Hey guys I’d like to talk to you about fishing and conditioning. If you fish throughout the year, you’re going to be dealing with all kinds of conditions; rough water, storms, hot temperatures, cold fronts, lack of moving air, etc. The conditions we face here in South Florida aren’t just about bringing in big bags but who can withstand the elements and at the same time bring their “A” game to keep casting throughout the day. I’d like to share what I think is an important tip – conditioning. Training and conditioning is something you need to add to your arsenal. Whether it’s simply just doing some push ups, sit ups or jumping jacks or lightweight arm and back training, I think it’s important, especially if you are looking become a top angler. It will make your trips much easier in the long run with better results on and off the water. I’ve seen very good anglers off their games because of their lack of conditioning. Hydrating 2 days before you go fishing is also very important. So take on some type of regimen to keep you going. I strongly suggest it to improve your angling game and skills. If fishing is truly something you enjoy and would like to continue for many, many years, take care of yourself! Remember this game is about preparation putting in your time on and off the water.
If you’ve been lucky enough to get out and fish over the last month between the storms, you may notice the bite’s been a little tough. Not only is the bite tough, but the heat and humidity have been brutal. Finding areas where the bite is consistent has been hard. The daily storms and winds constantly move the bait and fish around. When you find them in areas, stay on them! On to the hot spots.
#1 – Lake Okeechobee: The cool thing now on the lake is how do you wanna catch them. For those of you who like to catch them deep, there’s a really good bite offshore. Use rattletraps, spinnerbaits and swimbaits that run deep. Then you have the typical patterns in the grass. Swim jigs, swimbaits and giant sinkos worked and dragged through the grass will get you hooked up.
#2 – Mile marker 35: The fish are up shallow on the top of the ledges under the pads. Snake 16 to 18 inch worms through the pads. Swimbaits, swim jigs, chatterbaits and flukes will get it done. There is also a good ledge bite. I like to Texas rig or Carolina rig a big worm and drag them off or up the ledges. I like just enough weight to get to worm down and feel the bottom. You can also swim them.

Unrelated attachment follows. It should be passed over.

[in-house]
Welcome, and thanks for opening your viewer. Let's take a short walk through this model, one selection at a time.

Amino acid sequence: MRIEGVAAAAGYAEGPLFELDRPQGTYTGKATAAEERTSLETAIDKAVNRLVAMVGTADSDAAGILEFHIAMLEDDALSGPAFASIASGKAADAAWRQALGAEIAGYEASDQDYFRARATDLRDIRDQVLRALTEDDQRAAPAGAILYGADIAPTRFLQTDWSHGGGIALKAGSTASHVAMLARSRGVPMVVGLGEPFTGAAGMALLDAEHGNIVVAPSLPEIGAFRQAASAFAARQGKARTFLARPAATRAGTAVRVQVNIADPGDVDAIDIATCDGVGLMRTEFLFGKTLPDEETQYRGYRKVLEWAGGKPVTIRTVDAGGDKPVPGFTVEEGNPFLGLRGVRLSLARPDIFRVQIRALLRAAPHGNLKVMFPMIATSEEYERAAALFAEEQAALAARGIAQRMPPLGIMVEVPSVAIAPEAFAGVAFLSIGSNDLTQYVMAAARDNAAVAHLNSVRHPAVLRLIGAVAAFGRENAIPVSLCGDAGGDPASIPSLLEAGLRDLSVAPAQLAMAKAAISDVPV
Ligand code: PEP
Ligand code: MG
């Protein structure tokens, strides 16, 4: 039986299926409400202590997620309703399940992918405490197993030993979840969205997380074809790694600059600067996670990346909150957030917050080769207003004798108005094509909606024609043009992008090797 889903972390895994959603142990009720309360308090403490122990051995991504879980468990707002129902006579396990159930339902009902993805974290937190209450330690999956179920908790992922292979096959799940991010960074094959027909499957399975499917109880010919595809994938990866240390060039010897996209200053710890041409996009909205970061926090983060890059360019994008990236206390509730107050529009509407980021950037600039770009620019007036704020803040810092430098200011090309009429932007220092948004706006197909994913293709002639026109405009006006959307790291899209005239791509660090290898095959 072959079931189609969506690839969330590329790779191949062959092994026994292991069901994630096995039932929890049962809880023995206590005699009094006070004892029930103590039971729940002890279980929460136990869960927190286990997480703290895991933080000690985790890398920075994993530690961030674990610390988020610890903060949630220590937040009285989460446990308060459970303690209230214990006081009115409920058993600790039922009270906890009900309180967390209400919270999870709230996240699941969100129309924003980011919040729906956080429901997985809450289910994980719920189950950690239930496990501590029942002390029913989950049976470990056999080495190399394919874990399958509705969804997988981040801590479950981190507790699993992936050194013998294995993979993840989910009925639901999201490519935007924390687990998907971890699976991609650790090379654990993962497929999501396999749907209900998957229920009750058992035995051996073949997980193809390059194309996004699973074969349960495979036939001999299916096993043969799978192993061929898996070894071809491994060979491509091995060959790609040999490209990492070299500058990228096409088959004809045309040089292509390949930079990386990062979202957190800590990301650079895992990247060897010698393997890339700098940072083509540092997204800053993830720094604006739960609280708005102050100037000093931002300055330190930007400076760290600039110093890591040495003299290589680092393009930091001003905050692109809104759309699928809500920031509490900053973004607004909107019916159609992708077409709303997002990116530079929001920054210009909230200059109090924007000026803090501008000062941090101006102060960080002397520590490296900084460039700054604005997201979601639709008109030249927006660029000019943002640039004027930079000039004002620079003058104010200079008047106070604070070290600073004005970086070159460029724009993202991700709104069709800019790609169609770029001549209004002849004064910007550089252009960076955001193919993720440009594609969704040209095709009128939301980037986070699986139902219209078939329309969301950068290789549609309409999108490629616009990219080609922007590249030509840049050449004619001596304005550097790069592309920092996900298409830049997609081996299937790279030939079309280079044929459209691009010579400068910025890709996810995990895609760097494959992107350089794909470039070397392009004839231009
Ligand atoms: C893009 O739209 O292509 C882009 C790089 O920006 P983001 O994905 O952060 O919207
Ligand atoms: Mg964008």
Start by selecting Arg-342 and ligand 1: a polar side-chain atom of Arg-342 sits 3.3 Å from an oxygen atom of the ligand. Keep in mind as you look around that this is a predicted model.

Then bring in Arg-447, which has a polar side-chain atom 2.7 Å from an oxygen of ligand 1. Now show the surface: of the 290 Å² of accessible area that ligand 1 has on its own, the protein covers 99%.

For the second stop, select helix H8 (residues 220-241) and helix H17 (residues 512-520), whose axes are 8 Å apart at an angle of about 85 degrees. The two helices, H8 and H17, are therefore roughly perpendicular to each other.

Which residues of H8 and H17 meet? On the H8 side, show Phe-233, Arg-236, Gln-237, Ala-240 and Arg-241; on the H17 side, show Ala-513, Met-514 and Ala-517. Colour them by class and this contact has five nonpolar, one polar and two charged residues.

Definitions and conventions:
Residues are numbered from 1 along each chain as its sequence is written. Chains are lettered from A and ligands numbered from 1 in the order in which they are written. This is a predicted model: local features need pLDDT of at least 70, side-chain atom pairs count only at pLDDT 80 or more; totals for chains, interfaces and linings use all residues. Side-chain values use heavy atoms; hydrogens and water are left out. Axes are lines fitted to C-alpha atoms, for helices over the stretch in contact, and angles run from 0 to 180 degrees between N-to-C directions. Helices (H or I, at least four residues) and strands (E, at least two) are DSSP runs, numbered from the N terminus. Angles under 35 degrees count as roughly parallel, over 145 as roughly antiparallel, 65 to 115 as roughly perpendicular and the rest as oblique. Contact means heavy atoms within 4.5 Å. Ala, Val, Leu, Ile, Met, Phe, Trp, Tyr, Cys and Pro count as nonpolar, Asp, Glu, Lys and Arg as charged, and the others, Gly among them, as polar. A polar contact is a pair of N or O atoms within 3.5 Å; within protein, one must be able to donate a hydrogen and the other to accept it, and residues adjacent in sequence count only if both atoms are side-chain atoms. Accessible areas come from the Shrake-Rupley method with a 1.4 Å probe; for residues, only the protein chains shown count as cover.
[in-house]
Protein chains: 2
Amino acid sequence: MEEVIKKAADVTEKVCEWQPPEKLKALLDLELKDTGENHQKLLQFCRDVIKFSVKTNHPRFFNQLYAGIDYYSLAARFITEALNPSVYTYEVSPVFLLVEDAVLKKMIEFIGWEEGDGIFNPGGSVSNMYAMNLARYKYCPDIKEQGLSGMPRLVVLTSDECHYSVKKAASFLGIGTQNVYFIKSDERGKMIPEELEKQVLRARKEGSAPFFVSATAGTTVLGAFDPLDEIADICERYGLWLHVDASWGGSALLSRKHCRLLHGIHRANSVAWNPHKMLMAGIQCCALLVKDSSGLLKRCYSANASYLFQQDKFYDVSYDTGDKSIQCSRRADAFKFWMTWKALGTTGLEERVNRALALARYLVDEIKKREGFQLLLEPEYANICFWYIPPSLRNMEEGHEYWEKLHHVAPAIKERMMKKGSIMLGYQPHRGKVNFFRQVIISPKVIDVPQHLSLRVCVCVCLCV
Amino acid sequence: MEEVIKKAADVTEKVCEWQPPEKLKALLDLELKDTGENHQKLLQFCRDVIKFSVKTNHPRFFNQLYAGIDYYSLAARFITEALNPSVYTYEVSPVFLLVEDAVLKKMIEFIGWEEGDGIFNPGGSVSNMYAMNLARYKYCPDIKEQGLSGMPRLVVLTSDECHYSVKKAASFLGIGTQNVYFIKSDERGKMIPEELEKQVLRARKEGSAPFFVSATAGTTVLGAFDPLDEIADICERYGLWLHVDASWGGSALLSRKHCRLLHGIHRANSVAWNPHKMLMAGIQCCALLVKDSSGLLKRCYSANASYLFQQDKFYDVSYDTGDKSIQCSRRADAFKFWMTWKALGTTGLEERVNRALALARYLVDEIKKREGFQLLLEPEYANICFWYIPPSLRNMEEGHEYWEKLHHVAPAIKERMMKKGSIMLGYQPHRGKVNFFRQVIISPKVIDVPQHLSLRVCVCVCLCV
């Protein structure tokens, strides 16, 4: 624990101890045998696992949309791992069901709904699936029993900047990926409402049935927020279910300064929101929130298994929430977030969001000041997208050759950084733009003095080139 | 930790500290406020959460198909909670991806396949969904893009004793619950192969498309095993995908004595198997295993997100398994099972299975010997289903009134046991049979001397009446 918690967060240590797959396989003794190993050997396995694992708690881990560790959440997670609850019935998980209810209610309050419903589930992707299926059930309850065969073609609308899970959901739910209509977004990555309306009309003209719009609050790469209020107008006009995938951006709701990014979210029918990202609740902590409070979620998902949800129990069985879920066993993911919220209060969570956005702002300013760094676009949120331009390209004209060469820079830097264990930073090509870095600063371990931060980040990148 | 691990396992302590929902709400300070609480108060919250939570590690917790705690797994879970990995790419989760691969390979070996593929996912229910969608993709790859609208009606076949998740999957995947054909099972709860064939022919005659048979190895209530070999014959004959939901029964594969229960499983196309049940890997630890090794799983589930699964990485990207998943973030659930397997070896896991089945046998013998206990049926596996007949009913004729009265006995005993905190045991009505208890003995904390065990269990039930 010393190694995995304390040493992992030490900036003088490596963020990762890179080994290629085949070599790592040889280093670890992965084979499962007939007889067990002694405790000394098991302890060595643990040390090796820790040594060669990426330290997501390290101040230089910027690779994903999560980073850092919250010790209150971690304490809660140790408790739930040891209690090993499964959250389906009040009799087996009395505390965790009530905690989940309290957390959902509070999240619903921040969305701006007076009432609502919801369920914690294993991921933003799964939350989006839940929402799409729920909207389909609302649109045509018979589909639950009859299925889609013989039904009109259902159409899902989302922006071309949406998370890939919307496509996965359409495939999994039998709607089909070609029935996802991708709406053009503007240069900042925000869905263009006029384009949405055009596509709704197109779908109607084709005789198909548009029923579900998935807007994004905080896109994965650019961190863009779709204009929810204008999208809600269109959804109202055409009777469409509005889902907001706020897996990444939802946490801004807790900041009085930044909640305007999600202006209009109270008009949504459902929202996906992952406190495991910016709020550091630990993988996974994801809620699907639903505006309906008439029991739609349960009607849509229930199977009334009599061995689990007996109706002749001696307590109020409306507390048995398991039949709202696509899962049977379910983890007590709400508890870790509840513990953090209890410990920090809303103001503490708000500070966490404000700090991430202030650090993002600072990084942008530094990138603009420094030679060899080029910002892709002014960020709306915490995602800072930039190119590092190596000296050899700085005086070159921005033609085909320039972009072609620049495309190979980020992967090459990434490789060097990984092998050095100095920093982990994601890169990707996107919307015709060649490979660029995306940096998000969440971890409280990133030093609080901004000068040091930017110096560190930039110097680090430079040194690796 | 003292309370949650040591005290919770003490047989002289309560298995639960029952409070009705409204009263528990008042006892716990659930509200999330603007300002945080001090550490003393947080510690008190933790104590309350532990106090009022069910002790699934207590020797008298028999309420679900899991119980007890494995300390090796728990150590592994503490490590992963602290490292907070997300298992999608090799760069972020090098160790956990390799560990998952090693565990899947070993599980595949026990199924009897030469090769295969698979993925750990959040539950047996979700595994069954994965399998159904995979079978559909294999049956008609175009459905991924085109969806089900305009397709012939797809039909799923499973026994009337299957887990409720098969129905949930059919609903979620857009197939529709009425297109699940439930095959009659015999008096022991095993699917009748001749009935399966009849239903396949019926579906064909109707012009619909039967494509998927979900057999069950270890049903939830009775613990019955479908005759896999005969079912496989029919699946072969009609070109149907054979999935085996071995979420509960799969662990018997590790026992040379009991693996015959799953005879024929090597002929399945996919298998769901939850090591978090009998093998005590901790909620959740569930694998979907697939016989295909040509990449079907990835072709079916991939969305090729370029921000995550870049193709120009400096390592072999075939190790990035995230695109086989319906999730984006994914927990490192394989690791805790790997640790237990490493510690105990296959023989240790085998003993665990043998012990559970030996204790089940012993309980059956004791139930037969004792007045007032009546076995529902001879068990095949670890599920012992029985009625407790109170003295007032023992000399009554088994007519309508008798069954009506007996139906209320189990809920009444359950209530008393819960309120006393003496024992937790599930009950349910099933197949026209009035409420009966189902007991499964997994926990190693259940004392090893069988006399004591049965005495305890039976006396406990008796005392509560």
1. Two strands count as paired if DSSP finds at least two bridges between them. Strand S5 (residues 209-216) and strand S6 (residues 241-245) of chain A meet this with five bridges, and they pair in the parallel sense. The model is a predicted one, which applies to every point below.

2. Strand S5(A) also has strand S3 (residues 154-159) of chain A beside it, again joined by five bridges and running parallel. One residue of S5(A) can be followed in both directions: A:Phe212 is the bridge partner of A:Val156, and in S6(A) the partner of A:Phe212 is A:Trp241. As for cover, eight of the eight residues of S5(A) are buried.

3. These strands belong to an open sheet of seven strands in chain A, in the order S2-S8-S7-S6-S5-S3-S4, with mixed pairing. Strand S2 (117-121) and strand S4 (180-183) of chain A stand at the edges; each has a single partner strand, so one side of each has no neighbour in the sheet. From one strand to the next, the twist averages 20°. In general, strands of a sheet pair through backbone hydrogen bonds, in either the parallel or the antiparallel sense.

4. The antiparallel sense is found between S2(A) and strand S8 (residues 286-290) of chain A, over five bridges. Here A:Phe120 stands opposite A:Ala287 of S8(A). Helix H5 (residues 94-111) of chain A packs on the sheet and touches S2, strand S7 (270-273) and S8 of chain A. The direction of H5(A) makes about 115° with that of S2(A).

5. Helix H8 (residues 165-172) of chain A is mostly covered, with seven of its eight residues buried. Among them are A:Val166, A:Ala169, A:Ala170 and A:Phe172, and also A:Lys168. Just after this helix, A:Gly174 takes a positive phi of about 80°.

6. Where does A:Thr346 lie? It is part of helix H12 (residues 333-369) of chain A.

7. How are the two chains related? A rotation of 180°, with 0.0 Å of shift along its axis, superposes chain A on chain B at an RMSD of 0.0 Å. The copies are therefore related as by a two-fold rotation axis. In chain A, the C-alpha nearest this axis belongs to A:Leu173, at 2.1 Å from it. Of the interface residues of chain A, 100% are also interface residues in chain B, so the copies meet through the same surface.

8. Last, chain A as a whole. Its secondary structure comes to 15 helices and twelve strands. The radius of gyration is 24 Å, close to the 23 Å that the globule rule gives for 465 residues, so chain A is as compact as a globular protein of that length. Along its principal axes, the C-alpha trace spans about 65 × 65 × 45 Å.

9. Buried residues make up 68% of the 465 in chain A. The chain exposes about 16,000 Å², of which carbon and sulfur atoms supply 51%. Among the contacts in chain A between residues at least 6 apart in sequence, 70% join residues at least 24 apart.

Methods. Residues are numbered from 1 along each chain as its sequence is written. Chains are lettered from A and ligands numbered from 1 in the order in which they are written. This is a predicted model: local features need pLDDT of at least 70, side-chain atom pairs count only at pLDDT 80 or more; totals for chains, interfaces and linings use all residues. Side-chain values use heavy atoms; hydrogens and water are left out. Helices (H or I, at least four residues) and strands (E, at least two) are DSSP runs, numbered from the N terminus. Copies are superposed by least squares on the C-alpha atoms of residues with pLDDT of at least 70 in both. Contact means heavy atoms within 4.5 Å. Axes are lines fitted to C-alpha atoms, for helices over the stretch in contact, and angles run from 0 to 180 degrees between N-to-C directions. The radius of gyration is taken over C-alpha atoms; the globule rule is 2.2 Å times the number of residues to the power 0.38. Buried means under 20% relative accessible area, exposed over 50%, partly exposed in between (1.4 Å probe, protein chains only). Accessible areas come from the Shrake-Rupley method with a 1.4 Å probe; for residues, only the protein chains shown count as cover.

#3 – Holey Land: There are good numbers of fish here and there’s always the potential of catching a giant. For numbers I like throwing flukes, sinkos and jerkbaits. For the giants I like to work a jig on the bottom or worming like mentioned above.
#4 – Holiday Park: Fishing in the park can be really good. Stay out of the heavy moving water and look for the little eddies. They’re all holding big fish. Swim jigs have been my best bait to consistently catch big ones.
#5 – Sawgrass: The park is also producing fish in good numbers. All techniques mentioned above will produce.
The peacock bass fishery in South Florida has reached a whole other dimension. People are coming from all over the United States to South Florida just to target the peacock bass. Why fly to South America when you can book a trip with a top local guide and go home with sore arms and thumbs.
The top bait for peacocks are live shiners. I like the fish mine on light fluorocarbon with small hooks. For artificials, nothing beats a jerkbait. I also like small spinnerbaits, rattletraps, topwater bladed baits and some home made specials.
As always, I like to wish you some great fishing. I hope this helped you out. If you’d ever like to reach out to me for additional info please feel free to do so. I love to talk fishing.
Till next time tight lines and bent rods,
Capt. Neal Stark
Fishing with America’s Finest, Inc.
“Changing Lives One Cast at a Time.”
501(C)(3) Non-Profit Organization, FEIN #45-5494005
American Everglades Guide, Inc.